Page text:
Relatively small, but fearsome-looking stegosaur measured about 2.8 metres (9 feet) from nose to tail — but scientists can’t tell whether the remains are those of an adult or juvenile.
A new species of one of the most recognisable types of dinosaur is the oldest stegosaur ever found in Asia, and one of the earliest unearthed anywhere in the world, according to research published today in the peer-reviewed Journal of Vertebrate Paleontology.
Remains of the stegosaur, which included bones from the back, shoulder, thigh, feet, and ribs, as well as several armour plates, date to the Bajocian stage of the Middle Jurassic period — much earlier than most known stegosaurs.
A team from the Chongqing Bureau of Geological and Mineral Resource Exploration and Development in China and London’s Natural History Museum named it Bashanosaurus primitivus – “Bashan” in reference to the ancient name for the area of Chongqing in China where the dinosaur was found, and the Latin for ‘first’ — primitivus.
The new dinosaur, which roamed the planet 168 million years ago, plays a part in uncovering how the stegosaurs evolved — of which, to this day, little is known.
It has a smaller and less developed should blade, narrower and thicker bases to its armour plates and other features that are different from all other Middle Jurassic stegosaurs discovered so far. However, it does have similarities with some of the first armoured dinosaurs, which are over 20 million years older.
“All these features are clues to the stegosaurs’ place on the dinosaur family tree,” says Dr Dai Hui from Chongqing Bureau of Geological and Mineral Resource Exploration and Development who led the research. “Bashanosaurus can be distinguished fromother Middle Jurassic stegosaurs, and clearly represents a new species.
“What’s more, our analysis of the family tree indicates that it is one of the earliest-diverging stegosaurs along with the Chongqing Lizard (Chungkingosaurus) and Huayangosaurus. These were all unearthed from the Middle to Late Jurassic Shaximiao Formation in China, suggesting that stegosaurs might have originated in Asia,” adds Hui.
Instantly recognisable by the huge back plates, long tail spikes and tiny head, stegosaurs were four-legged, plant-eating dinosaurs that lived during the Jurassic and early Cretaceous periods. Stegosaur fossils have been found on all continents except for Antarctica and Australia, and 14 species of stegosaur have been identified so far.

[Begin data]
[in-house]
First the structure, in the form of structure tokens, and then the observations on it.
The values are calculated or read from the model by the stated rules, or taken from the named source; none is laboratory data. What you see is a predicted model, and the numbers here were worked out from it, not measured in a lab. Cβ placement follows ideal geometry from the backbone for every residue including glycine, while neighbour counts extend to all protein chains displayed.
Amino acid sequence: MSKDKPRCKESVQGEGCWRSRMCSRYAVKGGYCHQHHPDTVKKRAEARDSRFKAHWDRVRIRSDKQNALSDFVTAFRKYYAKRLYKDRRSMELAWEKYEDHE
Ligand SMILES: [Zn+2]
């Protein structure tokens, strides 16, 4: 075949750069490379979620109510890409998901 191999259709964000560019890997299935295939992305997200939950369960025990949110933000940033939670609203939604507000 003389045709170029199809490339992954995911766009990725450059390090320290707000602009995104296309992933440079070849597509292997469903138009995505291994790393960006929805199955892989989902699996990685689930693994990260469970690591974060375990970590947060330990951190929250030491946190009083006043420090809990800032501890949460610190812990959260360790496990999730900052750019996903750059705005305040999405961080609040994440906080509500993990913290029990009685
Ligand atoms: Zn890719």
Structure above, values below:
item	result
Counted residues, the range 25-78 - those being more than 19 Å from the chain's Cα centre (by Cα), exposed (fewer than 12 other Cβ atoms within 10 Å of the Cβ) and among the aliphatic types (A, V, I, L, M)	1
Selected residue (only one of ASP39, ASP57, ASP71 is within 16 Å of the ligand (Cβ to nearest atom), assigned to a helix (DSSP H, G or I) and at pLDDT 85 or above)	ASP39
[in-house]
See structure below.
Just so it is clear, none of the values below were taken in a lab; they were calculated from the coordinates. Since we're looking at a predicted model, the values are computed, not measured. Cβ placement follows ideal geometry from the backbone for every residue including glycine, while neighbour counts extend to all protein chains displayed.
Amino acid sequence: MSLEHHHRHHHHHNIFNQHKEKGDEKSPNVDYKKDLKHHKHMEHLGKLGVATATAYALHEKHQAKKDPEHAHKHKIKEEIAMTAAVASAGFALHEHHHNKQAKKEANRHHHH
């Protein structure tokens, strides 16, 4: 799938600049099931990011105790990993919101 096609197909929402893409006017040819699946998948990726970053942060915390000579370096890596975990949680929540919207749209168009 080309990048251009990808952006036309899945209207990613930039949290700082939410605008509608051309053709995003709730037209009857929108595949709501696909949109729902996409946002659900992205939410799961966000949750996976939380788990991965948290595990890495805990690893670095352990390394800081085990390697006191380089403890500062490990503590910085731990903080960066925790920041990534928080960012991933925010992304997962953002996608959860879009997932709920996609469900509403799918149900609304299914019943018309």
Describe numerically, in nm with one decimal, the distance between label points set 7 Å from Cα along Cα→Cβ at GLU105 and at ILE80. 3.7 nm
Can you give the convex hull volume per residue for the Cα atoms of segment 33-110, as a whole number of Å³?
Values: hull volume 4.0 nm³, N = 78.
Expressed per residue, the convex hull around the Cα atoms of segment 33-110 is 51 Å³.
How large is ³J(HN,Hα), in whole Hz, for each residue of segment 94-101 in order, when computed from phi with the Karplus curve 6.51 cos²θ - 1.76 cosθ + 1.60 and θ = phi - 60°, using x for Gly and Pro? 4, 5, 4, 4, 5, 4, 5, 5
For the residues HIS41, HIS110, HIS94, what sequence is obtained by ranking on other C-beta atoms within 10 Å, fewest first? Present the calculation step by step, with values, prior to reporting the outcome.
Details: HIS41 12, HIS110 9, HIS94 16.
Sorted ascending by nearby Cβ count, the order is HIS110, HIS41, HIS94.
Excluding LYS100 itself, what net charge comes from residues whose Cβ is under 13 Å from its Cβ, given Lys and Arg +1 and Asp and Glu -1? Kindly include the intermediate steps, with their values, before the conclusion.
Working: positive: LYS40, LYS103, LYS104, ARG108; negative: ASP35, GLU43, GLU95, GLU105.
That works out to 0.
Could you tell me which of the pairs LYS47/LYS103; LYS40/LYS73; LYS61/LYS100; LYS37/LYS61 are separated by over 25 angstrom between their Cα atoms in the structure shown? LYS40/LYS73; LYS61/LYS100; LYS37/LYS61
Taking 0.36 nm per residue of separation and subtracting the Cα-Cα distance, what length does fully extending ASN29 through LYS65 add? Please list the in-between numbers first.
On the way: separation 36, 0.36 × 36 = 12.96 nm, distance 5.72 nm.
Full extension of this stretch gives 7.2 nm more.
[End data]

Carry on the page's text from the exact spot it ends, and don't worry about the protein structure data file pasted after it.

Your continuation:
Well-known members of Stegosauria include Huayangosaurus (one of the most primitive stegosaurs), Gigantspinosaurus, notable for its enormous shoulder spines, and Miragaia for its extremely long neck. However, the fragmentary fossil material has hindered attempts to understand how the stegosaurs evolved and how they relate to one another.
With the discovery of this new species the mystery has started to clear up. Bashanosaurus primitivus has several primitive features that are similar to the earliest stegosaurs like Huayangosaurus and Gigantspinosaurus and early-branching thyreophorans (armoured dinosaurs). These include longer tail vertebrae, a shoulder blade that is narrower and flares out, and features of the back vertebrae that are similar to the early armoured dinosaur Scelidosaurus, which lived during the Early Jurassic.
The fossilised remains of Bashanosaurus also reveal a host of features that make it unique from other known stegosaurs. For example, the bony point at the end of the shoulder blade is small and less well developed than in other stegosaurs; a bony projection of the thighbone (fourth trochanter) is positioned below the middle of the shaft; and the bases of the armour plates curve outwards and are thicker than the plates on the backs of its later relatives.
“The discovery of this stegosaur from the Middle Jurassic of China adds to an increasing body of evidence that the group evolved in the early Middle Jurassic, or perhaps even in the Early Jurassic, and as such represent some of the earliest known bird-hipped dinosaurs,” says Dr Susannah Maidment, co-author and palaeontologist at London’s Natural History Museum.
“China seems to have been a hotspot for stegosaur diversity, with numerous species now known from the Middle Jurassic right the way through until the end of the Early Cretaceous period.”